It’s Saturday, October 2nd, and this is your Morning Wire. Listen to the full podcast:
1) Youtube Bans Vaccine ‘Misinformation’
The Topline: A new tech battle is raging after YouTube announced they were “expanding” their “medical misinformation” policies to include new guidelines on vaccines, meaning videos with what the platform deems vaccine misinformation would be removed.
The guidelines expand previous policies which covered what YouTube deemed to be COVID-19 vaccine misinformation to cover all vaccines approved by local health authorities and the World Health Organization.
YouTube said they will continue to allow content about vaccine policies, new vaccine trials, and historical vaccine successes or failures. Personal testimonials relating to vaccines will also be allowed, but only if the video doesn’t violate other Community Guidelines, or demonstrate a pattern of promoting vaccine hesitancy.
Youtube is among the last major platforms to take this kind of action.
In February, Facebook announced they planned to remove or demote posts which spread so-called “vaccine misinformation” or included content which discouraged vaccinations more generally in certain cases.
In March, Twitter followed, with users facing punishment of various forms for posting what they view as “harmful misinformation.”
The reaction to the move has been mixed. While there are many critics of YouTube’s policies in the U.S., the impact of YouTube’s decision is also felt abroad.
Russia is now threatening to ban YouTube unless the state-backed broadcaster RT’s German-language channels are reinstated. They were deleted for violating COVID-19 misinformation guidelines.
2) Hollywood Labor Strike Vote
The Topline: It’s been 14 years since Hollywood last experienced a labor walkout, but negotiations are now faltering between production companies and a union representing crew members.
The 2008 Writer’s Strike involved 12,000 guild members and shut down a number of productions for over 14 weeks.
This time, 60,000 crew members are involved, which would be the biggest entertainment industry walkout since World War II.
The International Alliance of Theatrical Stage Employees (IATSE) represents workers behind the scenes like camera operators, costume designers, and prop makers.
They’ve been in negotiations with the association of production companies which represents the large studios, as well as big broadcast networks and streamers.
What They’re Asking
The union wants higher pay, more time off, and shorter working days, but a lot of the disagreement is a byproduct of the streaming revolution.
The last time the IATSE negotiated the terms of streaming contracts was in 2009, when streaming was just beginning to catch on.
The previous agreement allowed smaller platforms, such as Apple TV and Paramount Plus, to pay lower rates. It also permitted all the streamers to contribute less to crew pensions and health plans, which the union wants to change as well.
Since the deadline passed with no agreement, the IATSE is holding a strike vote this weekend.
Potential Impact: After the 2008 writers’ strike, dozens of shows experienced delays and some had fewer episodes or were canceled. It also permanently altered the entertainment landscape as reality shows experienced a boom while networks scrambled to find content. Viewers could experience something similar this time around.
3) Texas School District Pushes Political Agenda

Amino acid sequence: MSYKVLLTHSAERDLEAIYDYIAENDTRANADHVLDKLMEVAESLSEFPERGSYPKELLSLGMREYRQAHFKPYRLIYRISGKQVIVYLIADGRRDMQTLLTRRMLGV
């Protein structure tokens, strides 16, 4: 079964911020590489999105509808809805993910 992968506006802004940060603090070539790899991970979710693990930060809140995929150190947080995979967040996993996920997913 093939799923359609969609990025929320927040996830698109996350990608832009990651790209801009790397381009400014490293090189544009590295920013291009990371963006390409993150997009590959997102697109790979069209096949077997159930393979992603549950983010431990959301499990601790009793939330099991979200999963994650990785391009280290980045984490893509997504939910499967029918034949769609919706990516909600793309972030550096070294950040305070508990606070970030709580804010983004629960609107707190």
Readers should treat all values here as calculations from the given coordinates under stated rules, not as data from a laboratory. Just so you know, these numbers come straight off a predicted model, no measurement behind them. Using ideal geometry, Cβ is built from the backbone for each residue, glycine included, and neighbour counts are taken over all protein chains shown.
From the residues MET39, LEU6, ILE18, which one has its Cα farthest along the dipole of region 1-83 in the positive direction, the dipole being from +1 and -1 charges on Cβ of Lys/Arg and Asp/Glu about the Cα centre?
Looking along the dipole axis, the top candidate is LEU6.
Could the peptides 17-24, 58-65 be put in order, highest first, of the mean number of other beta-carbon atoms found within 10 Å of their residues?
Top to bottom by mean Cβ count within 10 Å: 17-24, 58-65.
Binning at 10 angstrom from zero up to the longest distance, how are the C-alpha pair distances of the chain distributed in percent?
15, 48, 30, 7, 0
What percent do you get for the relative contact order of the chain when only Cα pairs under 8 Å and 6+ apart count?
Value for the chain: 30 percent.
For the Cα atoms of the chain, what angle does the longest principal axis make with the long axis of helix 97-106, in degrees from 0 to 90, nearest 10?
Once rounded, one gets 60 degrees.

The Topline: To the outrage of many parents, a public school training told teachers to help students hide information about their gender identity from their parents in order to make school a “safe” place for them.
A school district outside Austin, Texas, called Leander ISD, hosted an optional teacher training in October of last year during a staff development conference, with a presentation given by two social workers employed by the district.
The social workers told teachers in attendance they should discuss gender identity with their students and ask them what their preferred pronouns are. They also said teachers should ask students if they can use the preferred pronouns when they talk to their parents.
In the training materials, they cast parents as potential threats. One of the district social workers told teachers if a student has not told their parents about their gender identity, it may be because it is not “safe” for them to be out with their parents.
She warned some students may have “non-affirming” parents, or even parents who are shaming about a student’s identity. The training also instructed teachers to ask students if they want to have a private conversation about their pronouns.
The Daily Wire spoke to a mom who said she sees this as an attempt by the school district to deceive parents.
A group of angry parents went to a school board meeting on September 9th to speak out against the training.
One parent had discovered that the school had for some time been allowing their child to go by a new gender identity opposite of his biological gender. Other parents accused the school district of violating their trust and denying them the possibility of getting psychiatric care for their child.
Remember: This is the same school district where kids were reading books with explicit sex scenes, and violent and disturbing content.
Weekend Sports Update
NBA Vaccine Rules
On Wednesday, the NBA announced that any player who misses a game due to a failure to comply with local vaccine mandates — specifically in San Francisco and New York — will not be paid for the game missed.
The mandates only apply to players who play in the cities with vaccine mandates, and do not apply to visiting players.
Saturday College Football
#8 Arkansas travels to #2 Georgia, #7 Cincinnati hopes for a marquee win when they travel to South Bend to take on #9 Notre Dame.
Lane Kiffin and his #12 Ole Miss Rebels return to Tuscaloosa in a matchup against Nick Saban and his #1 Alabama Crimson Tide.
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